$ \mathbf{c}_{\mathfrak{m}}$ is a commitment to $(\mathfrak{m}_1, \ldots, \mathfrak{m}_N)$ with the randomness $\mathbf{s}'$ such that $\{\mathfrak{m}_k\}_{k=1}^N$ and
$\mathbf{s}'$ were honestly encrypted to $\{ \mathbf{c}_{k} \}_{i=1}^N$ and $\mathbf{c}_{s'}$, as in~(\ref{enc-Mk}) and~(\ref{enc-s}).
For convenience, this argument system will be described in Section~\ref{subsection:zk-for-commitments}, where we demonstrate that, together with other zero-knowledge protocols used in this work, it can be derived from a Stern-like~\cite{Ste96} protocol constructed in \cref{se:gs-lwe-stern}.
\item[2.] If the argument of step 1 properly verifies, $S$ samples $\mathbf{s}'' \sample D_{\ZZ^{2m},\sigma_0}$ and computes
a vector $\mathbf{u}_{\mathfrak{m}}= \mathbf{u} + \mathbf{D} \cdot \bit \bigl( \mathbf{c}_{\mathfrak{m}} + \mathbf{D}_0 \cdot \mathbf{s}'' \bigr) \in \Zq^n$.
Next, $S$ randomly picks $\tau \sample \{0,1\}^\ell$ and
uses $\mathbf{T}_{\mathbf{A}}$ to compute a delegated basis $\mathbf{T}_{\tau} \in \ZZ^{2m \times 2m}$ for the matrix $\mathbf{A}_{\tau} \in \Zq^{n \times 2m}$ of (\ref{tau-matrix}).
Using $\mathbf{T}_\tau \in \ZZ^{2m \times 2m}$, $S$ samples a short vector $\mathbf{v} \in \ZZ^{2m}$ in $D^{\mathbf{u}_M}_{\Lambda^{\perp}(\mathbf{A}_\tau), \sigma}$. It returns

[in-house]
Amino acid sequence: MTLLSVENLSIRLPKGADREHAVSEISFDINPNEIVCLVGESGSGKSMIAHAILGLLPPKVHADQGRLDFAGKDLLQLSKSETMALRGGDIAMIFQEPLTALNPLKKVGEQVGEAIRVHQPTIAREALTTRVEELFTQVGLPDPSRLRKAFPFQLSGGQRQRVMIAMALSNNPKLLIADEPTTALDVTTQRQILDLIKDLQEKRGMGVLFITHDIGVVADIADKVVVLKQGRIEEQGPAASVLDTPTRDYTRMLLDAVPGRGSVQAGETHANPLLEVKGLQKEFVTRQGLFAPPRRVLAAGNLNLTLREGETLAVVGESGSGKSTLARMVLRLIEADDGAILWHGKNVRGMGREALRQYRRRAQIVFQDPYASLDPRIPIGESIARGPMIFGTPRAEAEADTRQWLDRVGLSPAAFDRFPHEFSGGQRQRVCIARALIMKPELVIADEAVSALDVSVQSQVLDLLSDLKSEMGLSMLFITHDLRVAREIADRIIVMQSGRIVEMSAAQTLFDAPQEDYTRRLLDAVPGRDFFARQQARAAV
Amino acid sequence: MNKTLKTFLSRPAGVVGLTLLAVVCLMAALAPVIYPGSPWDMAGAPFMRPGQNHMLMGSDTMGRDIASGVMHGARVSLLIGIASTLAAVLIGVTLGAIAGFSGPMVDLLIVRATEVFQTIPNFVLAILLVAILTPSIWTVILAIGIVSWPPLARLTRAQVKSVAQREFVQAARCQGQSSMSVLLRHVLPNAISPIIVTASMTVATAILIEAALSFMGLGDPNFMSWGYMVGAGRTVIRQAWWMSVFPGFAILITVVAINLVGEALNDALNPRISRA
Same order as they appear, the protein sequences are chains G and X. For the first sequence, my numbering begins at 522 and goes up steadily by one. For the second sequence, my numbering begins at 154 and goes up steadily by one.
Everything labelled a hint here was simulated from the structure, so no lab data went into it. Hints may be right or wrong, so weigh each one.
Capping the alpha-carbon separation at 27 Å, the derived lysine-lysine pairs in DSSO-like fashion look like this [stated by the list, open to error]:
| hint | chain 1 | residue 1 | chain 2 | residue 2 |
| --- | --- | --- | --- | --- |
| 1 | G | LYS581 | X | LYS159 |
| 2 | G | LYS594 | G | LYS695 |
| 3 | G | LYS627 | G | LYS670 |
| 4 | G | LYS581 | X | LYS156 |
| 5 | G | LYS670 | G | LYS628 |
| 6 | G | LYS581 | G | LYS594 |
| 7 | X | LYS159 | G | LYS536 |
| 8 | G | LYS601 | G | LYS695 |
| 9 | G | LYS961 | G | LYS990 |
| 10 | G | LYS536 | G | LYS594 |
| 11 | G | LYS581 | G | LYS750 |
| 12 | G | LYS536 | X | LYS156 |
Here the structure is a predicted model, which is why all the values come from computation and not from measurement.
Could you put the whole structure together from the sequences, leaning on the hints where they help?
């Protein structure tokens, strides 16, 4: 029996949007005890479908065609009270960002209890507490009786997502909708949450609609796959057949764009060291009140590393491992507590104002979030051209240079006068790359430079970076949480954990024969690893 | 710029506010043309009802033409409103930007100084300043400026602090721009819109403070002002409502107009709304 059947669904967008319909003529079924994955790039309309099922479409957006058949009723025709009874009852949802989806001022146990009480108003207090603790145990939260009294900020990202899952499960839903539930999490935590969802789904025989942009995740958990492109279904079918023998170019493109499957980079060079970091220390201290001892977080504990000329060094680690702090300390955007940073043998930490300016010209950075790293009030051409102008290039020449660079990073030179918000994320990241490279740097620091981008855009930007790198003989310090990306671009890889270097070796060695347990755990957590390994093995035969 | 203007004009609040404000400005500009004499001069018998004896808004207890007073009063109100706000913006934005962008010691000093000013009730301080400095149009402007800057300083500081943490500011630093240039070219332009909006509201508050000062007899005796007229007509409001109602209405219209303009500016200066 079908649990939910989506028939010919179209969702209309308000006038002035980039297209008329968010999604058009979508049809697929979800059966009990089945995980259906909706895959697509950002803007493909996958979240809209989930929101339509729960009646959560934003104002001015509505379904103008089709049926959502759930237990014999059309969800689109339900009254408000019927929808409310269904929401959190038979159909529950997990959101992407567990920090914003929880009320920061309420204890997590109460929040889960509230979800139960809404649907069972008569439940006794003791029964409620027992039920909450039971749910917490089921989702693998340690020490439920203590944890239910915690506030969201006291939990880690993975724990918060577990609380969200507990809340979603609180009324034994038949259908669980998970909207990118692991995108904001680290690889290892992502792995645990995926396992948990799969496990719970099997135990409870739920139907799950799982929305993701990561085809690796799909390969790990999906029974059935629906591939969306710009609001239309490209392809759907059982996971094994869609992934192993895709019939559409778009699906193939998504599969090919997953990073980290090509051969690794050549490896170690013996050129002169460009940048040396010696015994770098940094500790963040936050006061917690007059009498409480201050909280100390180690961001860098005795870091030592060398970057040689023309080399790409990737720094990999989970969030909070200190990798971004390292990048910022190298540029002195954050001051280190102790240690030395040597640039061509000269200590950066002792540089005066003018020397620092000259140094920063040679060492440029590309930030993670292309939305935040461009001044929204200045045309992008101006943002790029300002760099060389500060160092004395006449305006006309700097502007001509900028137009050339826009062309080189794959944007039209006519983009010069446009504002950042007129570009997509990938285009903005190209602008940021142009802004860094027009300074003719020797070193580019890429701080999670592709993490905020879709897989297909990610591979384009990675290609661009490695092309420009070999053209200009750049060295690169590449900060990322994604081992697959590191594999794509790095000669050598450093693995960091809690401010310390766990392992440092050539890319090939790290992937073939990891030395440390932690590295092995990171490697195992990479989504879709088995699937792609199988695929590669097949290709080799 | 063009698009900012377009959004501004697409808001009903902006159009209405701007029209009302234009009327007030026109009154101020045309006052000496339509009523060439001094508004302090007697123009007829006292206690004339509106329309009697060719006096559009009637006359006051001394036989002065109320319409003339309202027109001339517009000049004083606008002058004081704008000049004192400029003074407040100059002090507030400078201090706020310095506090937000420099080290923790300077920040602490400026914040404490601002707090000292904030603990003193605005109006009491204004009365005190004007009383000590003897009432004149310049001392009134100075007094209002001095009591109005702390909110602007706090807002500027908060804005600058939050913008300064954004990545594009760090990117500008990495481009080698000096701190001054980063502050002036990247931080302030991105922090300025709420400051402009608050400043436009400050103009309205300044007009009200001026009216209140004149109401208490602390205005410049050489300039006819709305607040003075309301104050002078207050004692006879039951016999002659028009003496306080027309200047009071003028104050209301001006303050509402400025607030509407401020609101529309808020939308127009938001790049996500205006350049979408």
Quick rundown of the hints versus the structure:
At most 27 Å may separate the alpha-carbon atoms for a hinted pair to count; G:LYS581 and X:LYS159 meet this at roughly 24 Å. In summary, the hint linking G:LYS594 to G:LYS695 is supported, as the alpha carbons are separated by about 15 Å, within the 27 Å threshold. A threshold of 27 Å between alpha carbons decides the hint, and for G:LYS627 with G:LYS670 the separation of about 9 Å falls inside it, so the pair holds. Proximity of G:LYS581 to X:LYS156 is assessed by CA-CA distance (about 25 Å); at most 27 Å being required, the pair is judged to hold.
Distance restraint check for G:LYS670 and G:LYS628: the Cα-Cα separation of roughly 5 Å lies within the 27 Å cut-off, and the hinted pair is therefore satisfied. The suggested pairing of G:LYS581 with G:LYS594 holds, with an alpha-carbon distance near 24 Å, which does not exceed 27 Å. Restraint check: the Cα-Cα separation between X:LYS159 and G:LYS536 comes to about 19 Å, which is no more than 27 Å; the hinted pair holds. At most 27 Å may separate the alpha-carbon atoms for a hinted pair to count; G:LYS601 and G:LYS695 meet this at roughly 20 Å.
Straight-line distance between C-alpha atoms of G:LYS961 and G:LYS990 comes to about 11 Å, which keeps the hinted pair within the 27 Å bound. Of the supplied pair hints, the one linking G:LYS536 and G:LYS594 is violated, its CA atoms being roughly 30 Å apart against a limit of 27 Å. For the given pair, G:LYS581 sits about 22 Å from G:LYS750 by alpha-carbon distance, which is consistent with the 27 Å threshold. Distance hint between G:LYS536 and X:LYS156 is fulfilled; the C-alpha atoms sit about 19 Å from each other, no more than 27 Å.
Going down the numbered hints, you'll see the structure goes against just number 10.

the vector $( \tau,\mathbf{v},\mathbf{s}'') \in \{0,1\}^\ell \times \ZZ^{2m} \times \ZZ^{2m} $ to $U$.
\item[3.] $U$ computes $\mathbf{s} = \mathbf{s}'+\mathbf{s}''$ over $\ZZ$ and verifies that $$\mathbf{A}_{\tau} \cdot \mathbf{v} = \mathbf{u} + \mathbf{D} \cdot \bit
\bigl( \mathbf{D}_0 \cdot \mathbf{s} + \sum_{k=1}^N \mathbf{D}_k \cdot \mathfrak{m}_k \bigr) \bmod q.$$ If so, it outputs $(\tau,\mathbf{v},\mathbf{s})$. Otherwise, it outputs $\perp$.
Note that, if both parties faithfully run the protocol, the user obtains a valid signature $(\tau,\mathbf{v},\mathbf{s})$ for which the distribution of $\mathbf{s}$ is $D_{\ZZ^{2m},\sigma_1}$,
where $\sigma_1=\sqrt{\sigma^2 + \sigma_0^2}$.
The following protocol allows proving possession of a message-signature pair.
\item[\textsf{Prove}:] On input of a signature $(\tau,\mathbf{v}=(\mathbf{v}_1^T \mid \mathbf{v}_2^T)^T,\mathbf{s}) \in \{0,1\}^\ell \times \ZZ^{2m} \times \ZZ^{2m}$ on the message $(\mathfrak{m}_1,\ldots,\mathfrak{m}_N)$, the user
does the following. \smallskip \smallskip
\item[1.] Using $(\mathbf{B},\mathbf{G}_0)$ and $(\mathbf{B},\mathbf{G}_1)$ generate perfectly binding commitments to $\tau \in \{0,1\}^\ell$, $\{\mathfrak{m}_k \}_{k=1}^N$,
$\mathbf{v}_1,\mathbf{v}_2 \in \ZZ^m$ and $\mathbf{s} \in \ZZ^{2m}$. Namely, compute
\mathbf{c}_{\tau} & = (\mathbf{c}_{\tau,1},\mathbf{c}_{\tau,2}) \\
& = \big( \mathbf{B}^T \cdot \mathbf{s}_{\tau} + \mathbf{e}_{\tau,1} ,~ \mathbf{G}_0^T \cdot \mathbf{s}_{\tau} + \mathbf{e}_{\tau,2} + \tau
\cdot \lfloor q/2 \rfloor \big) \in \Zq^m \times \Zq^\ell, \\
\mathbf{c}_{k} & = (\mathbf{c}_{k,1},\mathbf{c}_{k,2}) \\
& = \big( \mathbf{B}^T \cdot \mathbf{s}_{k} + \mathbf{e}_{k,1} ,~ \mathbf{G}_1^T \cdot \mathbf{s}_{k} + \mathbf{e}_{k,2} + \mathfrak{m}_k \cdot \lfloor q/2 \rfloor \big) \in \Zq^m \times \Zq^{2m} \\
& \hspace{7.6cm} \forall k\in \{1,\ldots,N\}